PA Alumna Serves at the Heart of the Pandemic

Physician Assistant Jessica Schindler GS’17 took advantage of her part-time status related to the pandemic to serve those most affected by COVID-19 in New York City last May. “Part of the mentality of going out there and doing it comes from the example of others that I had seen at Bethel—everybody’s freely given time to students and anyone who really needed their assistance. It was that kind of example that helped guide the way,” Schindler says.

By Katie Johnson ’19, content specialist

September 23, 2020 | 11:30 a.m.

Since COVID-19 hit the United States, New York City has witnessed about 245,000 cases.

Since COVID-19 hit the United States, New York City has witnessed about 245,000 cases.

When Jessica Schindler GS’17 arrived in New York late April 2020, she said Manhattan was like a ghost town. For a city filled with eight million people, she certainly didn’t come across many as she navigated public transportation from Newark, New Jersey, to the hotel the Office of Emergency Management had set aside for healthcare workers concerned about exposing their families to COVID-19. She didn’t brush shoulders with anyone on the subway, and everyone she talked with in passing had someone in their lives who had been profoundly affected by COVID-19.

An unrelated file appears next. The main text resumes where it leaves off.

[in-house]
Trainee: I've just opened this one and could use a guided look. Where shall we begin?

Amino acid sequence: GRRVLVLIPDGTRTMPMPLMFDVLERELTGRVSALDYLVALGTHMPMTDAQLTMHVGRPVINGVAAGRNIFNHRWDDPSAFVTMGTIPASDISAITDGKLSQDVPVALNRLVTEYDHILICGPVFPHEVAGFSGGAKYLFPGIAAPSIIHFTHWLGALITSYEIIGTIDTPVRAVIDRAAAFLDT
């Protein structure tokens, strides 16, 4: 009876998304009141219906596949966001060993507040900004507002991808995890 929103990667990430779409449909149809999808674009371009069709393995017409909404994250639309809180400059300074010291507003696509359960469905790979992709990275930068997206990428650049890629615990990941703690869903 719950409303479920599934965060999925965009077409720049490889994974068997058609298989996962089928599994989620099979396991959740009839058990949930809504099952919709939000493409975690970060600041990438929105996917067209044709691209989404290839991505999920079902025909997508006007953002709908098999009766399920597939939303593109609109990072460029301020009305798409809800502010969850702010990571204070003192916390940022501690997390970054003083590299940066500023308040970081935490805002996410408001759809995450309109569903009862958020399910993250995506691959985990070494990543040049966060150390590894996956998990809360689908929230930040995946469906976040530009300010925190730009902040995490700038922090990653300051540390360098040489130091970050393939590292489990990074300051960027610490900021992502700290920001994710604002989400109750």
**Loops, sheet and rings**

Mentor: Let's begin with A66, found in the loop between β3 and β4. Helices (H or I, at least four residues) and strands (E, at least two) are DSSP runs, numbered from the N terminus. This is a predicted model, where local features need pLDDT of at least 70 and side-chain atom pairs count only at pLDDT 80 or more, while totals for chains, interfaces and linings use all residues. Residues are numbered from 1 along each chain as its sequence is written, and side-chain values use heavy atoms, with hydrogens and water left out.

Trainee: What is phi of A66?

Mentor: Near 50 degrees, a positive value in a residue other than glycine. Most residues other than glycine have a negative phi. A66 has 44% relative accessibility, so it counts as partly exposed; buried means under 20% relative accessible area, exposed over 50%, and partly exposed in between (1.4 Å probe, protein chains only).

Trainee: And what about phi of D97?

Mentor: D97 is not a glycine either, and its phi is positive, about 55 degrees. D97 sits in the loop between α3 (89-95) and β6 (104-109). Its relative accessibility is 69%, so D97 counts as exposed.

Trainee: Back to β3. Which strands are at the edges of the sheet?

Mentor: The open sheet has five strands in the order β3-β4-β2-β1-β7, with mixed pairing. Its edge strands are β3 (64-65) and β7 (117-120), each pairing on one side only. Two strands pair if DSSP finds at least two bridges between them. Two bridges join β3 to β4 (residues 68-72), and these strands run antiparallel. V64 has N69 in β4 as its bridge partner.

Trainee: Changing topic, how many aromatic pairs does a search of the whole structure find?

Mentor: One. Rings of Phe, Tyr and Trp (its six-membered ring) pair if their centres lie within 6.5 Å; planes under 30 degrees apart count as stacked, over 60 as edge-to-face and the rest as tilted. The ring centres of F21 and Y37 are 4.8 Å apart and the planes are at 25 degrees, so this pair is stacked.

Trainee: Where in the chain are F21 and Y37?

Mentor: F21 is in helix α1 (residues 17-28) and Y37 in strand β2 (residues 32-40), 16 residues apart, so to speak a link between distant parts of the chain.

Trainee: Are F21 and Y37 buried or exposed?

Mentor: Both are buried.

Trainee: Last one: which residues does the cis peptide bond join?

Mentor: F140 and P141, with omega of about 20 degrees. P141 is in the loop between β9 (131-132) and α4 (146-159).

And Schindler felt she was exactly where she was meant to be.

As a graduate of Bethel’s Master of Science in Physician Assistant program, Schindler wanted to use her expertise, time, and resources where her country needed it most when citizens of the United States were following orders to stay home and shelter in place this past spring. Hospitals in cities like New York had reached in-patient capacity, while in the Midwest, healthcare professionals in Minnesota found themselves furloughed. Schindler typically worked full-time as a first assist in the operating room for the Specialists in General Surgery group in the Twin Cities, and as the nation began responding to the pandemic, her group planned only to work emergency surgeries. A few weeks into the stay-at-home order, Schindler and her colleagues all agreed to work in rotation every other week, and that’s when Schindler started thinking she could meet a greater need elsewhere in the country. 

In Bethel, I was looking for a program that would go alongside my existing faith and moral and ethical code to help guide me as I was being formed into a medical practitioner along with what that would look like in the real world.

— Jessica Schindler GS'17

Schindler updated her resume and applied for volunteer positions across the country. She searched for a few weeks, and without hearing anything back, she assumed maybe this wasn’t the right time. Then, she received an email on the Saturday after Easter from New York City Health and Hospitals with an assignment. After a phone call that afternoon, a couple errands, and two flights later, Schindler was standing in New York City less than 24 hours from receiving her assignment. And she went to work.